2. Do Not Stockpile Infant Formula

There is no shortage in the supply of infant formula coming from manufacturers. There have, however, been reports of an increase in demand in certain areas, and—in some locations—limits on purchases. In order to help ensure all parents and caregivers are able to obtain the formula they need, please avoid unnecessary stockpiling.

3. WIC Benefits Are Specific to Certain Types of Infant Formula

Parents and caregivers should be aware that WIC benefits are specific to certain types of infant formula. Formula companies are committed to ensuring continued availability of infant formulas for every baby; including WIC approved infant formulas. If you do not see WIC approved formula on shelves at your retailer, speak to the store manager.

4. Only Purchase Infant Formula from Reputable Retailers

Infantformula can be safely purchased from reputable retailers, either in their brick and mortar stores or through their official website, as well as directly from the manufacturer.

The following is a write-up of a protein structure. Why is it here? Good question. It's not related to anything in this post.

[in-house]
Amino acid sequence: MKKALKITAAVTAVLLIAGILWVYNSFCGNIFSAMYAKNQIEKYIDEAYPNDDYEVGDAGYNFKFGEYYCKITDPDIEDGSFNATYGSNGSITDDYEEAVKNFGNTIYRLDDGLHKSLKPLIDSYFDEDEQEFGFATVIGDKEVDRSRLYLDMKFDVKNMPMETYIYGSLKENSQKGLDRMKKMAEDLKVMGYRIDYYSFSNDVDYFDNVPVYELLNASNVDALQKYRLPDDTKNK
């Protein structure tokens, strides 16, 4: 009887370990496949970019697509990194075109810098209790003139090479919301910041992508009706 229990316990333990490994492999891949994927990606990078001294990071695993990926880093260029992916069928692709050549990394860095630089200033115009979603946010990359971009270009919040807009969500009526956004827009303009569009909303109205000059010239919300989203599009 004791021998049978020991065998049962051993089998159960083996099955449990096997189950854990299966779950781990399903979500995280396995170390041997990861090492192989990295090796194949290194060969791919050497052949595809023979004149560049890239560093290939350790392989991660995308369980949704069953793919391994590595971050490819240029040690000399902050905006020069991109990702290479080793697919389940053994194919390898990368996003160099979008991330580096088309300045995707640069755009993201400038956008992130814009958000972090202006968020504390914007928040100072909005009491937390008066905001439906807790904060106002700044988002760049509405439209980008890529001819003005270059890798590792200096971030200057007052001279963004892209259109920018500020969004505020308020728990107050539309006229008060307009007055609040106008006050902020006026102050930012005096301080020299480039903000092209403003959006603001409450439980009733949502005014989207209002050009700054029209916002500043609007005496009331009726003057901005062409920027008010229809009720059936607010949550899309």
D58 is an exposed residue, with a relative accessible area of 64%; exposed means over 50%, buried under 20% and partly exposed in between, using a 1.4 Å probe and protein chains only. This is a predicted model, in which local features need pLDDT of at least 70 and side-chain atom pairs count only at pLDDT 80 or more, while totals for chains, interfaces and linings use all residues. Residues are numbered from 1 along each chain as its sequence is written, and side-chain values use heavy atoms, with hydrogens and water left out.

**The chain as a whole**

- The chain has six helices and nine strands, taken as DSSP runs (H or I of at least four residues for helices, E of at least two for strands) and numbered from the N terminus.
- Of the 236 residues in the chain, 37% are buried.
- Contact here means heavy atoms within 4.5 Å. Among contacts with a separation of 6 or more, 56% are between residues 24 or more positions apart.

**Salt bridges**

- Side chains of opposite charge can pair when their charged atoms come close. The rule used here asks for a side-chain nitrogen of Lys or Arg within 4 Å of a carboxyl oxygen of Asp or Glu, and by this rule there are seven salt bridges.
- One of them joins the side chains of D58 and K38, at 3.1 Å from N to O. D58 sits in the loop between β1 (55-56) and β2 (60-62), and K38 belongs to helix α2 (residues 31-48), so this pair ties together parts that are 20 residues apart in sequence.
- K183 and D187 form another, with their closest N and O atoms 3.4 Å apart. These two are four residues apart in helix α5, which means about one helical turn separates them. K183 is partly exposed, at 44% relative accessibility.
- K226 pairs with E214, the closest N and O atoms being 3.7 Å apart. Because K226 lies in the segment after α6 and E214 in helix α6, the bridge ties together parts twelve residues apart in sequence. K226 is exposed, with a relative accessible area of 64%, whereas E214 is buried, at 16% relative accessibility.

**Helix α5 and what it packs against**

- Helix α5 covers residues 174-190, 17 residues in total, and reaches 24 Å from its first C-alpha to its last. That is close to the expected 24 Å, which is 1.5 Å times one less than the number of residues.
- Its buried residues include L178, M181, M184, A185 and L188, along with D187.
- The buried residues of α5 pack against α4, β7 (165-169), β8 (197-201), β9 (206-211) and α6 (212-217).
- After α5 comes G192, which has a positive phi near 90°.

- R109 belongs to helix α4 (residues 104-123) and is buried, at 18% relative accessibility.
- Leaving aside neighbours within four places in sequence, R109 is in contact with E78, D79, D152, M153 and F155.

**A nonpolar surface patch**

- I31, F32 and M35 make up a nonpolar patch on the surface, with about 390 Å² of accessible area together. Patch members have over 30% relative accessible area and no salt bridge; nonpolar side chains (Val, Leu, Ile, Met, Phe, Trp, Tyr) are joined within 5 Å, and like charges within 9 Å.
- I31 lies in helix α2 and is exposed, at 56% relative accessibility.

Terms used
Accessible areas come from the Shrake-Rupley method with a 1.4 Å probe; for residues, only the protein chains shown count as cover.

5. Practice Safe Bottle Preparation & Be Aware of Unsafe Feeding Practices

  • Practice Safe Bottle Preparation, Cleaning, and Storage: Whether you use formula or expressed breast milk in bottles, there are basic bottle safety rules to follow. To start, always wash your hands before and after feeding. If you use formula, make sure to read the preparation directions and mix it correctly. Never use a microwave to warm bottles; instead put them in warm water on top of the stove. Visit the Food and Drug Administration (FDA) for infant formula preparation and storage information and infantnutrition.org for a thorough checklist of all the steps you should take when preparing bottles.
  • Do Not Dilute Infant Formula: American Academy of Pediatrics (AAP) and Centers for Disease Control (CDC) advise that diluted formula will not provide adequate nutrition and, if fed for an extended period of time, may result in slower growth and risk of malnutrition. Additionally, the AAP warns that excessive water consumption could result in water intoxication, which can cause seizures and even death in infants. Families should follow proper mixing instructions provided by the manufacturer.